sustainable roundups: 10 vases for people and the planet

in sustainable roundups

Vases are among the most common decorative pieces for interiors; they make a statement and add personality to the space.

From a sustainability perspective, vessels are a preferred way to experiment with new materials and techniques. So let’s round up 10 interesting examples sourced from riivin (opened in a new window/tab), the sustainable interior design platform I curate.

production leftovers

Every production process leaves something behind, be it in the form of offcuts or other leftovers. The mistake is automatically considering these leftovers as waste, as they can likely be reinvented as something beautiful and valuable.

Product selection:

Stem vase made with recycled materials.<span class="sr-only"> (opened in a new window/tab)</span>
Credit: Zooi (opened in a new window/tab)
Vase made with 3D printed sawdust.<span class="sr-only"> (opened in a new window/tab)</span>
Credit: Forust (opened in a new window/tab)
Vase made with recycled clay.<span class="sr-only"> (opened in a new window/tab)</span>
Credit: Noot & Swart (opened in a new window/tab)

other recycled input

From packaging and single-use items to trashed stuff, our world generates a lot of waste. But if an object has reached the end of its lifecycle, the same isn’t necessarily true for the materials it is made of.
The vases below prove it, closing the loop by using recycled plastic, glass, paper, and cardboard.

Product selection:

Vase made of recycled plastic.<span class="sr-only"> (opened in a new window/tab)</span>
Credit: KUNST-S (opened in a new window/tab)
Vase made with recycled glass bottles.<span class="sr-only"> (opened in a new window/tab)</span>
Credit: Changing Atmosphere (opened in a new window/tab)
Vases made with recycled glass.<span class="sr-only"> (opened in a new window/tab)</span>
Credit: LSA International (opened in a new window/tab)
Vases made with recycled paper.<span class="sr-only"> (opened in a new window/tab)</span>
Credit: Mâché (opened in a new window/tab)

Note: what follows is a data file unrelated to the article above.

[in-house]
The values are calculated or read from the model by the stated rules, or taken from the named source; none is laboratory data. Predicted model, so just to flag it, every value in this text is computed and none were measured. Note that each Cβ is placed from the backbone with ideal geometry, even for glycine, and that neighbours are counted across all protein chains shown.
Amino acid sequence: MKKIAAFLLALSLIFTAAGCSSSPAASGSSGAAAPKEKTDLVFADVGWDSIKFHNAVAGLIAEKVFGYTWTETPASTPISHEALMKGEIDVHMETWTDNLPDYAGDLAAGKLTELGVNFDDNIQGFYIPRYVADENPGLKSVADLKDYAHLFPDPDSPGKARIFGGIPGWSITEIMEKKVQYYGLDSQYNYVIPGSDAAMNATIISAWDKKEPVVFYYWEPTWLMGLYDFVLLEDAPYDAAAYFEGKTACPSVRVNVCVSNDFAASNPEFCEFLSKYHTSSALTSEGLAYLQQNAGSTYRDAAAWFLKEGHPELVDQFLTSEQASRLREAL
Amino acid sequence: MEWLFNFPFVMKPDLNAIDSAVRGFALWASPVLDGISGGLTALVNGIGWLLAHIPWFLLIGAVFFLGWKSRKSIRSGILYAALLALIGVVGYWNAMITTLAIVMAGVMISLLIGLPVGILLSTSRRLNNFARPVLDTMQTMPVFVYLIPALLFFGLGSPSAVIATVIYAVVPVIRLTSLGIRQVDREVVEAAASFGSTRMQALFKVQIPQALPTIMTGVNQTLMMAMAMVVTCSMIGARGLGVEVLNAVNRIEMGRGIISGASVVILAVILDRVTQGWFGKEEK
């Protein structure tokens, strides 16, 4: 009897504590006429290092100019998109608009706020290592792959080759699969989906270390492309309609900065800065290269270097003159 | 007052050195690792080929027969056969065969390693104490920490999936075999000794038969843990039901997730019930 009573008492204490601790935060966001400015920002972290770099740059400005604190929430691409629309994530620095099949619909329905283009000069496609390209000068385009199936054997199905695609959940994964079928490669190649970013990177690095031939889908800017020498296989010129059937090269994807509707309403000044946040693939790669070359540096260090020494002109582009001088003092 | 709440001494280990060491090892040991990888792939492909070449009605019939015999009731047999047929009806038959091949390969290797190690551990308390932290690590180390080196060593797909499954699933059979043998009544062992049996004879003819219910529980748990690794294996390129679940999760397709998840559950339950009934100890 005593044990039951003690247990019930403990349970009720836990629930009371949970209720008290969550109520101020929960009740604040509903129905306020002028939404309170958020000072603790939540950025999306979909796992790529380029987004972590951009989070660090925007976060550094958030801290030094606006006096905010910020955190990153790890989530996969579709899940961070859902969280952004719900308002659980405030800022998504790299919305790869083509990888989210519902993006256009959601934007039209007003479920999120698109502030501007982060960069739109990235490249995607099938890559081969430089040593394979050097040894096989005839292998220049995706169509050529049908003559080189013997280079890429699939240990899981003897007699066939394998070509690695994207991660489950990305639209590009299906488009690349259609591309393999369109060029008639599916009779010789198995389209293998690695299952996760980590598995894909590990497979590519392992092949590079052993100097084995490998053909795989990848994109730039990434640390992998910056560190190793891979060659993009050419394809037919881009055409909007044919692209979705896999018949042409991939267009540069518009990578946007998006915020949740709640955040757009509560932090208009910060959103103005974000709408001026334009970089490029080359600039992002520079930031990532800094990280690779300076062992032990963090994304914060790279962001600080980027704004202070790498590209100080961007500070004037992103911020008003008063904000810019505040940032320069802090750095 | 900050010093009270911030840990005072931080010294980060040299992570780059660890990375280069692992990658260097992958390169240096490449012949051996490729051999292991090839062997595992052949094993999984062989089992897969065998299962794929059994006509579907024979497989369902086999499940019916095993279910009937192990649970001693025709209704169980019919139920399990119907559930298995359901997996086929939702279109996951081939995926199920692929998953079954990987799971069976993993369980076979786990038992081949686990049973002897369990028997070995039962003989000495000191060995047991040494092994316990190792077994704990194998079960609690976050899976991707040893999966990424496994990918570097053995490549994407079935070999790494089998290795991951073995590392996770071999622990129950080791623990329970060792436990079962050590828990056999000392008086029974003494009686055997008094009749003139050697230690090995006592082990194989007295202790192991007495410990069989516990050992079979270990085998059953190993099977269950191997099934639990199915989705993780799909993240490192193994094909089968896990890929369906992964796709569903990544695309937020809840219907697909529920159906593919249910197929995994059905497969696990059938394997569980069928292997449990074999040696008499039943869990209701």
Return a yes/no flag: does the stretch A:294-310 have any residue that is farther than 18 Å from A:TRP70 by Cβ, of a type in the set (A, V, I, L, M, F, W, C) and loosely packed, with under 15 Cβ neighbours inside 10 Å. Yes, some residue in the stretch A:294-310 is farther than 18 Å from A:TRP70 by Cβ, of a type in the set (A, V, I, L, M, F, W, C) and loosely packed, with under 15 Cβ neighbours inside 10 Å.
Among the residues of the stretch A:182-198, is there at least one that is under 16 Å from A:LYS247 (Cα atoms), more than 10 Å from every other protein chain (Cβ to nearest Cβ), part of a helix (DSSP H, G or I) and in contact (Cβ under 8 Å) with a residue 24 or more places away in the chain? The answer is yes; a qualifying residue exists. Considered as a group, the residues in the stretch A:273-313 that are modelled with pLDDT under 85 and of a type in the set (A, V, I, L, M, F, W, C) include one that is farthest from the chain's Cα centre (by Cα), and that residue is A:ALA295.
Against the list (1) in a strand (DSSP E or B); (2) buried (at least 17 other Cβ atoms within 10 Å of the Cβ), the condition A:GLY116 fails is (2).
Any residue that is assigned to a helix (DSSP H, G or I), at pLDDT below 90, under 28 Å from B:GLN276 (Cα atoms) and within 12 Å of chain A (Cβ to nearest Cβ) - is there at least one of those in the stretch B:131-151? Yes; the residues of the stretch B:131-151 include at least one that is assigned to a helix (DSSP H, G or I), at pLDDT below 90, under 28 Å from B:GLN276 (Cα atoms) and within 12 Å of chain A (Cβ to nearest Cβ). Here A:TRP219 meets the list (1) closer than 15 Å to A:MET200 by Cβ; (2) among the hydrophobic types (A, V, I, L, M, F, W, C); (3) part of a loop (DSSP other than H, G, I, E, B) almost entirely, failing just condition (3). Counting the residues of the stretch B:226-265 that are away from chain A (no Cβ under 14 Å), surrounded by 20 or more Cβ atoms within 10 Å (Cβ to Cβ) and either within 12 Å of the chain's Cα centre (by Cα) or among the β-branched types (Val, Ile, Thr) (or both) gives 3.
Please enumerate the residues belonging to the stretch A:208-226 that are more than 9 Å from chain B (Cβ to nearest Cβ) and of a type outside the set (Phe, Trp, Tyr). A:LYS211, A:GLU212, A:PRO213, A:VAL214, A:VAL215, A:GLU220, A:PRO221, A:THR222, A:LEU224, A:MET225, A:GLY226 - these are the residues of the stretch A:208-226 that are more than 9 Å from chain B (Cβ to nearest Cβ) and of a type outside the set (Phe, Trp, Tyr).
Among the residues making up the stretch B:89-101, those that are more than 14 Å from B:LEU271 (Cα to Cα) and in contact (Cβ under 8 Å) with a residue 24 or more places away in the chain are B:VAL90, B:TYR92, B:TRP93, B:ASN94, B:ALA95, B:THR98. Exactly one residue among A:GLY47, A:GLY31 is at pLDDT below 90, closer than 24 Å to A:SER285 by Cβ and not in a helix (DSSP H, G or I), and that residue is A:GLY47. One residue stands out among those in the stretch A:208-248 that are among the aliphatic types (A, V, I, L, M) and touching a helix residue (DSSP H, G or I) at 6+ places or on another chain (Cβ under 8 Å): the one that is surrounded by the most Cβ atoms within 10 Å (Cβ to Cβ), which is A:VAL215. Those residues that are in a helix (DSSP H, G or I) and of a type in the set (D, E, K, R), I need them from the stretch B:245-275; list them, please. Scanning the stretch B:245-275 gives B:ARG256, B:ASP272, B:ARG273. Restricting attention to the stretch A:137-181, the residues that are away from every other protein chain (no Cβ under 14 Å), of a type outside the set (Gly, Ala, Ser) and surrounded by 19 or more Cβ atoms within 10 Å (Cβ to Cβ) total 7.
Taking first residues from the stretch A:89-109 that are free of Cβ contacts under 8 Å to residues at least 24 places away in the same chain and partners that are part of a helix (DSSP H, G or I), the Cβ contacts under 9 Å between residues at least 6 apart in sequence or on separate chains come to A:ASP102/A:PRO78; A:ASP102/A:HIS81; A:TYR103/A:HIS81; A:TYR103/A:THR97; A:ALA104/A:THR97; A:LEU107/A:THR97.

Vases made with recycled cardboard.<span class="sr-only"> (opened in a new window/tab)</span>
Credit: Tacchini (opened in a new window/tab)

innovative solutions

Sustainable design also means material research. Oftentimes, new materials come from testing the technical qualities of unexpected inputs. Like the ones below, which all start with an unsuspected form of organic waste…

Product selection:

Vase made with dried fruits shells.<span class="sr-only"> (opened in a new window/tab)</span>
Credit: Keep Life (opened in a new window/tab)
Vase made with surplus milk.<span class="sr-only"> (opened in a new window/tab)</span>
Credit: Tess Silva (opened in a new window/tab)

roundup

Sustainable vases roundup.<span class="sr-only"> (opened in a new window/tab)</span>

1 Canopy - by LSA International (opened in a new window/tab)
2 Vine - by Forust (opened in a new window/tab)
3 High Round Lid - by Noot & Swart (opened in a new window/tab)
4 Round - by KUNST-S (opened in a new window/tab)
5 Anthea - by Changing Atmosphere (opened in a new window/tab)
6 Maud - by Zooi (opened in a new window/tab)
7 Calcaire - by Mâché (opened in a new window/tab)
8 Chub - by Tessa Silva (opened in a new window/tab)
9 .104 - by Keep Life (opened in a new window/tab)
10 Mantiqueira - by Tacchini (opened in a new window/tab)

 
Head over to riivin (opened in a new window/tab) for more sustainable interior design inspiration!

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Comments

Don't be shy, let me know what you think!

On Irma shah said:
very informative and useful article.
>
On Silvia - DforDesign said:
Many thanks Irma, so glad you discovered something new! :)
>

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